DETROIT -

Most of you know scam artists will try almost anything to separate you from your hard-earned cash. While you're relaxing and enjoying your summer, don't forget to be on guard.

The Better Business Bureau's Eastern Michigan office in Southfield says some scams are even more common in the summer months. Ruth to the Rescue has worked with the BBB to come up with the hottest scams of the summer and how you can avoid them.

BBB sign

Don't let a scam ruin your vacation 

One of the most heartbreaking summer scams can ruin your family vacation if you're not careful. Scam artists will try to sell you properties that don't exist, or properties they don't really own. You don't want to show up and find out you don't have a place to stay.

Jill Norander, of Royal Oak, had a good friend who was almost caught in that type of a vacation con. Her friend was searching for a place to stay online.

"Maybe a week later, somebody else emailed her, 'Do you want to book this? We'll give you 25 percent off if you book it right now.' She thought it sounded a little weird. She contacted the owner and, yeah, somebody had hacked into their email," Norander said.

Melanie Duquesnel, CEO of the BBB's office in Southfield, said when searching for an online rental, you must check out the reviews.

"Look at those comments. Make sure the place was clean, that it was as advertised to be, and the service was great," Duquesnel said.

Another thing to keep in mind when looking for that perfect vacation spot, while you may need to put a deposit down, never pay the whole price upfront. Also, it's smarter to use a credit card to make the payment, just in case you need to challenge the charge later on.

Duquesnel also said you can purchase extra protection. "They actually have insurance that will cover you to go to another place to stay," she said.

Concert ticket trouble

When that big summer concert comes to town, make sure you've got the real thing when it comes to your tickets.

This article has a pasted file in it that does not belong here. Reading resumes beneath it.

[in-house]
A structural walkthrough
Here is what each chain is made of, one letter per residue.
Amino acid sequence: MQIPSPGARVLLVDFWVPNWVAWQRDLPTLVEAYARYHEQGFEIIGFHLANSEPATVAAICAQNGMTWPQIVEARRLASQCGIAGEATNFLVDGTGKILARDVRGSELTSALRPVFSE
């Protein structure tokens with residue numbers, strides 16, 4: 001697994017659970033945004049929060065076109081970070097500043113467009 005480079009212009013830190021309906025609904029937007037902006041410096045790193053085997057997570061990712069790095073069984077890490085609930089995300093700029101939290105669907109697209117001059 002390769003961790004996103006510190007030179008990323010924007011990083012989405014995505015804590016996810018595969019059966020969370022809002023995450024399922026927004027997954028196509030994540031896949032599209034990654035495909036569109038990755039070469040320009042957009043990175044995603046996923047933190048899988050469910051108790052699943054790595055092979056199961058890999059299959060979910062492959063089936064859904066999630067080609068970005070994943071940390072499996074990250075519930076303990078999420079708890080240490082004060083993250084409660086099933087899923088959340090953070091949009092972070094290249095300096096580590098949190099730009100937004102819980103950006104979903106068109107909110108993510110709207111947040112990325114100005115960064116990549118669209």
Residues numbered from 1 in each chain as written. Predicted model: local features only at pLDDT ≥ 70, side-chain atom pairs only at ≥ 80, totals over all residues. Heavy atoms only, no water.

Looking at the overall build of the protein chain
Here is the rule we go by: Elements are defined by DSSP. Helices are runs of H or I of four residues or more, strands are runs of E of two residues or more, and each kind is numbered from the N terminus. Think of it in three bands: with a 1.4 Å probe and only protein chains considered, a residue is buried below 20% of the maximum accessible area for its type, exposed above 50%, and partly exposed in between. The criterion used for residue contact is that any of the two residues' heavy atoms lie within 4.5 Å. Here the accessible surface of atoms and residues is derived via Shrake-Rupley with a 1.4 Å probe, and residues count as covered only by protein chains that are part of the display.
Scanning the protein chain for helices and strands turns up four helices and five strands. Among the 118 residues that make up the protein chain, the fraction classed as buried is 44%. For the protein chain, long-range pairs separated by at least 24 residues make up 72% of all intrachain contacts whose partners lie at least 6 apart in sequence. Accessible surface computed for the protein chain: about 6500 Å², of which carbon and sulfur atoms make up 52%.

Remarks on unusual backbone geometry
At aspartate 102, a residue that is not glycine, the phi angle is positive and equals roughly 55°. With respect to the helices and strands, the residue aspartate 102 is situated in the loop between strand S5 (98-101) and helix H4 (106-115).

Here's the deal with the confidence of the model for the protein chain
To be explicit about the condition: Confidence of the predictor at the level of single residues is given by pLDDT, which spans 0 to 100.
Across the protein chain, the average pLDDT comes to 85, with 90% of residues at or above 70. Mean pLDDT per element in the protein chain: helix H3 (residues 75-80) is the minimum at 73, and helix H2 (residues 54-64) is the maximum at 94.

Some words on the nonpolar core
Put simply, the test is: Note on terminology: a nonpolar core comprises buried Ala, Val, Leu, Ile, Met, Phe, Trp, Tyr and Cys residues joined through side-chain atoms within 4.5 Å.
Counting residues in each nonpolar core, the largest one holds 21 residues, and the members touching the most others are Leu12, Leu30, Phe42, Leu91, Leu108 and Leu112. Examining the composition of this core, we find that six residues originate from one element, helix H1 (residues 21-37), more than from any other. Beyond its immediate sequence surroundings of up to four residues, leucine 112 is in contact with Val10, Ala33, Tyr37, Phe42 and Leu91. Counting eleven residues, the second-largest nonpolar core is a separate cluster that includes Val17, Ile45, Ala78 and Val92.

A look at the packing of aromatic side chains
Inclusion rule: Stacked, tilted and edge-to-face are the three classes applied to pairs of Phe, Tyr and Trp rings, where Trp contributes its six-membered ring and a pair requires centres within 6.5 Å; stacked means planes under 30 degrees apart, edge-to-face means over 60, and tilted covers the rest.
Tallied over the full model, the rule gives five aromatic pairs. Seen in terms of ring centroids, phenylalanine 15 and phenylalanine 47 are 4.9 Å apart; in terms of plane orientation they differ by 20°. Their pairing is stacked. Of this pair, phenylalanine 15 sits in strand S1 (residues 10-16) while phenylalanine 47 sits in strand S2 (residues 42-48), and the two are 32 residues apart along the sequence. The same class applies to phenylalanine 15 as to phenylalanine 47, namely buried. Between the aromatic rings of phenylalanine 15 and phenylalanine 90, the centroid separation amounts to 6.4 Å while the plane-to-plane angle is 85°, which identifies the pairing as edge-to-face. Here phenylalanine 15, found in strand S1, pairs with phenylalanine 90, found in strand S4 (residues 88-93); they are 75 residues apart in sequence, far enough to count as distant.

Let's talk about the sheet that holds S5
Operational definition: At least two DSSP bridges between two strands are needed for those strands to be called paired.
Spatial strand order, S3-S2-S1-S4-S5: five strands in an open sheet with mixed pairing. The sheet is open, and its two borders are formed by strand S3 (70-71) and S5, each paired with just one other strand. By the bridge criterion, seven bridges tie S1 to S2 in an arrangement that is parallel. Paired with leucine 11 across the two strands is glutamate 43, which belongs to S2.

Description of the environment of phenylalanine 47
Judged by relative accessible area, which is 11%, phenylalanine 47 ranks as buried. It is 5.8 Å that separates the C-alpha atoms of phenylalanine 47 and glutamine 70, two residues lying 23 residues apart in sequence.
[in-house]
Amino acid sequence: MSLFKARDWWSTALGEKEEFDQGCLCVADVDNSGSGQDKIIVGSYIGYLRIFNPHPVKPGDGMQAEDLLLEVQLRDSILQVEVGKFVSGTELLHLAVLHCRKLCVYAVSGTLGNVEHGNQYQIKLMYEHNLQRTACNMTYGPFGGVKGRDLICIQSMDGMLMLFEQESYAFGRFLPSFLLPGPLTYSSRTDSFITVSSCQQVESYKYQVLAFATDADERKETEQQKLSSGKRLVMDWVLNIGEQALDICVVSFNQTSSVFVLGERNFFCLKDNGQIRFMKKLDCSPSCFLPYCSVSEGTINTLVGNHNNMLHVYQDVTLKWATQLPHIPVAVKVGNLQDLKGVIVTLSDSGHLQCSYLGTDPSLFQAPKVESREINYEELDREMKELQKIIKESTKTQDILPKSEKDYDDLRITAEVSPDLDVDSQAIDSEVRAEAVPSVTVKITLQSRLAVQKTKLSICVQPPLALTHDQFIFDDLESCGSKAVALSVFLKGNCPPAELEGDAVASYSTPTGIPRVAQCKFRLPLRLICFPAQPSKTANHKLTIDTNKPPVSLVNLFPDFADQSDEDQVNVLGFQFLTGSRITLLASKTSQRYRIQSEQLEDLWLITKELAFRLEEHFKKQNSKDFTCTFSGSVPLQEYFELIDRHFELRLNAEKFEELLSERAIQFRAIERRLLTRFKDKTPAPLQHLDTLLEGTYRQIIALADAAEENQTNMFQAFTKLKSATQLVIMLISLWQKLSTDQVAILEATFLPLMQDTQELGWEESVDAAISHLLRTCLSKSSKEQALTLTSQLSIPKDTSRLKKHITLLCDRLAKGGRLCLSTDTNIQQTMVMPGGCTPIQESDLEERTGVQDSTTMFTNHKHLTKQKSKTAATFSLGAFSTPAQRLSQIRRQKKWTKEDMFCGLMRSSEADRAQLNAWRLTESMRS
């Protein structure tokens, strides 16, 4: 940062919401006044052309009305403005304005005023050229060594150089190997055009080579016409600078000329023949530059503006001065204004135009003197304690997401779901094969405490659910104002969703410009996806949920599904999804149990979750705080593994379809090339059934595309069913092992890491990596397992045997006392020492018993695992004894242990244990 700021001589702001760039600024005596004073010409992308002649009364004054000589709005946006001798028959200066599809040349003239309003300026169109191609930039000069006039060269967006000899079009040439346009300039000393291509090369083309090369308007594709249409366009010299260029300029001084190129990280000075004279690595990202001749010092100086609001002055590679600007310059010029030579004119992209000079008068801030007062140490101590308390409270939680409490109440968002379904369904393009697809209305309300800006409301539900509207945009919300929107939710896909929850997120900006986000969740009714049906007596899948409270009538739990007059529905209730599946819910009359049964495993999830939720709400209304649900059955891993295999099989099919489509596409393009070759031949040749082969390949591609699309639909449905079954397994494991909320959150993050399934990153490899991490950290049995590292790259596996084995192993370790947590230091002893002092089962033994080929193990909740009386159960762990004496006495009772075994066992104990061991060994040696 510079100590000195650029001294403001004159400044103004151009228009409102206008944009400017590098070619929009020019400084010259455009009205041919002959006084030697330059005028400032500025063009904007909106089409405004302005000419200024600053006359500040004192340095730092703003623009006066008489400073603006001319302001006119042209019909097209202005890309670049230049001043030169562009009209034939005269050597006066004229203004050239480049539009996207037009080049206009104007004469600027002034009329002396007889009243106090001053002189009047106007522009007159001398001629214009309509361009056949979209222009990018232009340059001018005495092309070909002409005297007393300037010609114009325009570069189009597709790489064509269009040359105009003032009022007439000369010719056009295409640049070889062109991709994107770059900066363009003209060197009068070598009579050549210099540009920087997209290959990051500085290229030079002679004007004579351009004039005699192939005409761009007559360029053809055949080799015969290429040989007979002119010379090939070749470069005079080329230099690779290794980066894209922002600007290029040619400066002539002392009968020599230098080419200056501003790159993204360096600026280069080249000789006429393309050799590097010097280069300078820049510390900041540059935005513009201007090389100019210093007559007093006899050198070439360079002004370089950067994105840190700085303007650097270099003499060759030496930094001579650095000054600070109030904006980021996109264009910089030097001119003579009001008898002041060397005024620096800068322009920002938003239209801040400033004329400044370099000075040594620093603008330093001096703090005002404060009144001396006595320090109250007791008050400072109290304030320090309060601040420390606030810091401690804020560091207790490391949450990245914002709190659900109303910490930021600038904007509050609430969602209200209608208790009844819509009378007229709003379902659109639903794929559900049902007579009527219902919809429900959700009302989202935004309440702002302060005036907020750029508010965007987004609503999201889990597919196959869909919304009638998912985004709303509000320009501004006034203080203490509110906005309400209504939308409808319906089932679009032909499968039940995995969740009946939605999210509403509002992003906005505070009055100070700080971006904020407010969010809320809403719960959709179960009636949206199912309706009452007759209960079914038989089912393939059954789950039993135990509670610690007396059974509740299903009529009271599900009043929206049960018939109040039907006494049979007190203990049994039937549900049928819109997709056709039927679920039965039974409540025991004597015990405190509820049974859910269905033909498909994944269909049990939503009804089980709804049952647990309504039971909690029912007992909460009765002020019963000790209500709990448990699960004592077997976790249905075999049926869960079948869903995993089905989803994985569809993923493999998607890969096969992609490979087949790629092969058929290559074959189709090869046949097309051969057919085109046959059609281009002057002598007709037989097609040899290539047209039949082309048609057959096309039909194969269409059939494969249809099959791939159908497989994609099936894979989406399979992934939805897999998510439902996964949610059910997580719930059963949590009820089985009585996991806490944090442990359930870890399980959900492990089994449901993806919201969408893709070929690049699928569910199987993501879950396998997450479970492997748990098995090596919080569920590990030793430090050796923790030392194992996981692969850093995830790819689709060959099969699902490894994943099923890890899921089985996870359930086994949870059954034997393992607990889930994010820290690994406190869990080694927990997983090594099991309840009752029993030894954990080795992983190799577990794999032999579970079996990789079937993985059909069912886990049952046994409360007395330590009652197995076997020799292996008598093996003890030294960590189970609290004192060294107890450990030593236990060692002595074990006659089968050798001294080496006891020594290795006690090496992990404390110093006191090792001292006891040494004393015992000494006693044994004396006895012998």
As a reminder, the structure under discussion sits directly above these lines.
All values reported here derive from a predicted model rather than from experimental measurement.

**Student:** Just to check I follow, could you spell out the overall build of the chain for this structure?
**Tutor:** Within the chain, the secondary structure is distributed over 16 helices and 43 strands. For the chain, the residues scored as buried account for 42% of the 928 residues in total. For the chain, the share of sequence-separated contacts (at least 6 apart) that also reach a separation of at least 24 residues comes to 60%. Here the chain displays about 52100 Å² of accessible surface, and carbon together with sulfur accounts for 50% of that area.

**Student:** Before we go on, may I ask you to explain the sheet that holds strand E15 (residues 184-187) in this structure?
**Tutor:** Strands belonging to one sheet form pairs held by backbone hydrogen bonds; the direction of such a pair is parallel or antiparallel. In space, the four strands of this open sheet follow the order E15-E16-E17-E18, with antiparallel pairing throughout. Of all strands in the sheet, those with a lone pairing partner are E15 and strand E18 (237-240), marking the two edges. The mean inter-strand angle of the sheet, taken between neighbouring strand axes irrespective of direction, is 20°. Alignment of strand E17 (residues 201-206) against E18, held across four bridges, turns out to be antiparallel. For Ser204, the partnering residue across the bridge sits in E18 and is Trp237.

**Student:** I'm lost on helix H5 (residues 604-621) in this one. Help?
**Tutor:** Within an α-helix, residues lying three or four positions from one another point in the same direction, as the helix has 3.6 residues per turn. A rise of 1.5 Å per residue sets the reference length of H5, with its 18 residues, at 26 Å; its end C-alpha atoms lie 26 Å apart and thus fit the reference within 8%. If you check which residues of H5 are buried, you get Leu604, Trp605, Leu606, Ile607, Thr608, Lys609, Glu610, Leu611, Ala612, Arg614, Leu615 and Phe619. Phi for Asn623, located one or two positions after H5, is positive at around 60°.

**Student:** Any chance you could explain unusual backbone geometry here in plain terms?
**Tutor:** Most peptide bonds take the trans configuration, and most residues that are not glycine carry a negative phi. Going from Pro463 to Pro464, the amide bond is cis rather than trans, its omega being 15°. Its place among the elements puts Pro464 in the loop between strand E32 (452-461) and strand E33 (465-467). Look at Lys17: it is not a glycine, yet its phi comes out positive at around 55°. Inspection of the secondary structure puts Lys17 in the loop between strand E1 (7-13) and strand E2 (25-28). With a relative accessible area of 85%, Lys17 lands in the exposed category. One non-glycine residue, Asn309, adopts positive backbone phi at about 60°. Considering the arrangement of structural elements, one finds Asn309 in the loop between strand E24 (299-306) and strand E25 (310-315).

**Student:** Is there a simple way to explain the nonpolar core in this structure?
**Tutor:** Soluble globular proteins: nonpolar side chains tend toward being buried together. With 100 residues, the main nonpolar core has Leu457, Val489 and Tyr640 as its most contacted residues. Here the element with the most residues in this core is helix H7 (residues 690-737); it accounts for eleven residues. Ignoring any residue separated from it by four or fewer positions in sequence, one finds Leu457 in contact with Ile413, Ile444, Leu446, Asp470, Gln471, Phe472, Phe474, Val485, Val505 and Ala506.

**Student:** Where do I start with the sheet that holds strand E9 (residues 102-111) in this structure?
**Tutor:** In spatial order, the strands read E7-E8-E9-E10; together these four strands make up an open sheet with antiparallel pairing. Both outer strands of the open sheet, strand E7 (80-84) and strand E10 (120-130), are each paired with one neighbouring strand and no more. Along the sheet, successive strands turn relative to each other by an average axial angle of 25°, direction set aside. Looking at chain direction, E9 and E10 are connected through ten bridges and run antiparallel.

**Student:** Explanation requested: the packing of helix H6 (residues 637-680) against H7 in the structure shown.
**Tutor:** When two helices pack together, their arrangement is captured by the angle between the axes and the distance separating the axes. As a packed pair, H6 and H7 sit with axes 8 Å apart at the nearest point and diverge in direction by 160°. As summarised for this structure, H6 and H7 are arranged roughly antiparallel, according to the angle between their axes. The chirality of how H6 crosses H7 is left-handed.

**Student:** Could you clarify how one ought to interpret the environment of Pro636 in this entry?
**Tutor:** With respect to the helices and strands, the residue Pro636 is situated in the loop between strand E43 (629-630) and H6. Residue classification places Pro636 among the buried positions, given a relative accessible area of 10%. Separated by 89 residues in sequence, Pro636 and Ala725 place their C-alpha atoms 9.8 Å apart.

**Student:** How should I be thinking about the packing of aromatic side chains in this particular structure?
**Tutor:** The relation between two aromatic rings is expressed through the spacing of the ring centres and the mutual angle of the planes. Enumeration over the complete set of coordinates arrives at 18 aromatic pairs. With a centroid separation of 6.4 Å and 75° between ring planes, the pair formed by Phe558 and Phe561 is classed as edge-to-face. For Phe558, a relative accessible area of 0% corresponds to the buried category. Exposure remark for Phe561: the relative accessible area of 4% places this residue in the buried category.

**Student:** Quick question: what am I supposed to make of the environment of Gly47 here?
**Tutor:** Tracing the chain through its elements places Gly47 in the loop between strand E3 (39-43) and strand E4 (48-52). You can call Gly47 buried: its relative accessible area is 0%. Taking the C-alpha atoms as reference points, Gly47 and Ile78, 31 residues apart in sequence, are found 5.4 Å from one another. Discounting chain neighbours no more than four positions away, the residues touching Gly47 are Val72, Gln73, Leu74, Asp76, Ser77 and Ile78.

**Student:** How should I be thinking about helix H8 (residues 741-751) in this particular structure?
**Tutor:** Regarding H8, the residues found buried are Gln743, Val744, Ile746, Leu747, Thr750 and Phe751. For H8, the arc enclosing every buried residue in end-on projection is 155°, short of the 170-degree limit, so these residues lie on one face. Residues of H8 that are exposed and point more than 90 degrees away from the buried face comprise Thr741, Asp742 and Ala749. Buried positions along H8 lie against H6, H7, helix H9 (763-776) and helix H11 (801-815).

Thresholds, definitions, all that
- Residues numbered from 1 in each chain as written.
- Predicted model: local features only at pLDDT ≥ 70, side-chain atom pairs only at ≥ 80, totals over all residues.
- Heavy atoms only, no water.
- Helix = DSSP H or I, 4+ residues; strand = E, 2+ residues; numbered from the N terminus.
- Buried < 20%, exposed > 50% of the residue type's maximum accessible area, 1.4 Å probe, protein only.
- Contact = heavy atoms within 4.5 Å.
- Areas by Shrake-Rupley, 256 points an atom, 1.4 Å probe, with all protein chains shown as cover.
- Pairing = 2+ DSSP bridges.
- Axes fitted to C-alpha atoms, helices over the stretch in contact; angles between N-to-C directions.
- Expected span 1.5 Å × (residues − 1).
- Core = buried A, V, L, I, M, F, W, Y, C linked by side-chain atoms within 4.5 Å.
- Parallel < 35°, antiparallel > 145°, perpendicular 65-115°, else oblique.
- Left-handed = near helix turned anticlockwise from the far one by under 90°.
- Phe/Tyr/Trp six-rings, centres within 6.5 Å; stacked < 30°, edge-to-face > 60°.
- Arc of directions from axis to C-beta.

If you go shopping online, beware of scam artists who might try to sell you fake tickets. Before you start looking, Duquesnel said you need to make sure you have your facts straight. Some fake tickets will look authentic, but key items will be incorrect. 

"The date will be different, it won't be the actual concert date. Again, you have to be really diligent. You have to do all your homework, know exactly when the concert is supposed to be," she explained

She also said you want to be able to hold and feel the tickets. Don't accept anything someone wants you to print out unless it's from a legitimate ticket site, like StubHub or Ticketmaster.

Summer job scams

School is out and the kids are looking to earn a little extra cash. But don't let that job cost you. If you're looking for a summer job, you may be a target for scammers.

Ashton Swinton of Detroit thinks the scams are annoying when looking for a legitimate job.

"I'm actually looking for a job and I would prefer not to see all these Internet scams," Swinton said.

To avoid this scam, be suspicious of unsolicited job offers -- most employers won't come looking for you. Also, never give out personal information before you're officially hired. Be sure to investigate your potential employer before you even apply. Sometimes, a simple internet search of the company name will give you a heads up that a certain company has been the target of complaints in the past.

Beware some door-to-door sales

Summer is also a popular time for door-to-door sales people to start knocking on your door. While many are legitimate, have your alert on high when they stop by.

Smart consumers should never purchase bigger items or services just because someone passes through their neighborhood.

"Unless you are in the market for what they're trying to sell you, tell them, 'Thank you and have a great day,'" Duquesnel said.

Other things to keep in mind

  • Don't answer the door at all if you're home alone. True scam artists might work in pairs, one to distract you at the front door, while another enters the home in back and steals your belongings.
  • Ask to see a door-to-door sales license to determine if they're legitimate.
  • If someone is pitching you an expensive product or service, be sure to get two more estimates. If you do your homework, and you still like the price and the product, at least you're making an informed decision.
  • If you have any second thoughts: "Any time a salesperson comes into your house and sells you something, you have three days to change your mind. That's three business days," Duquesnel said.
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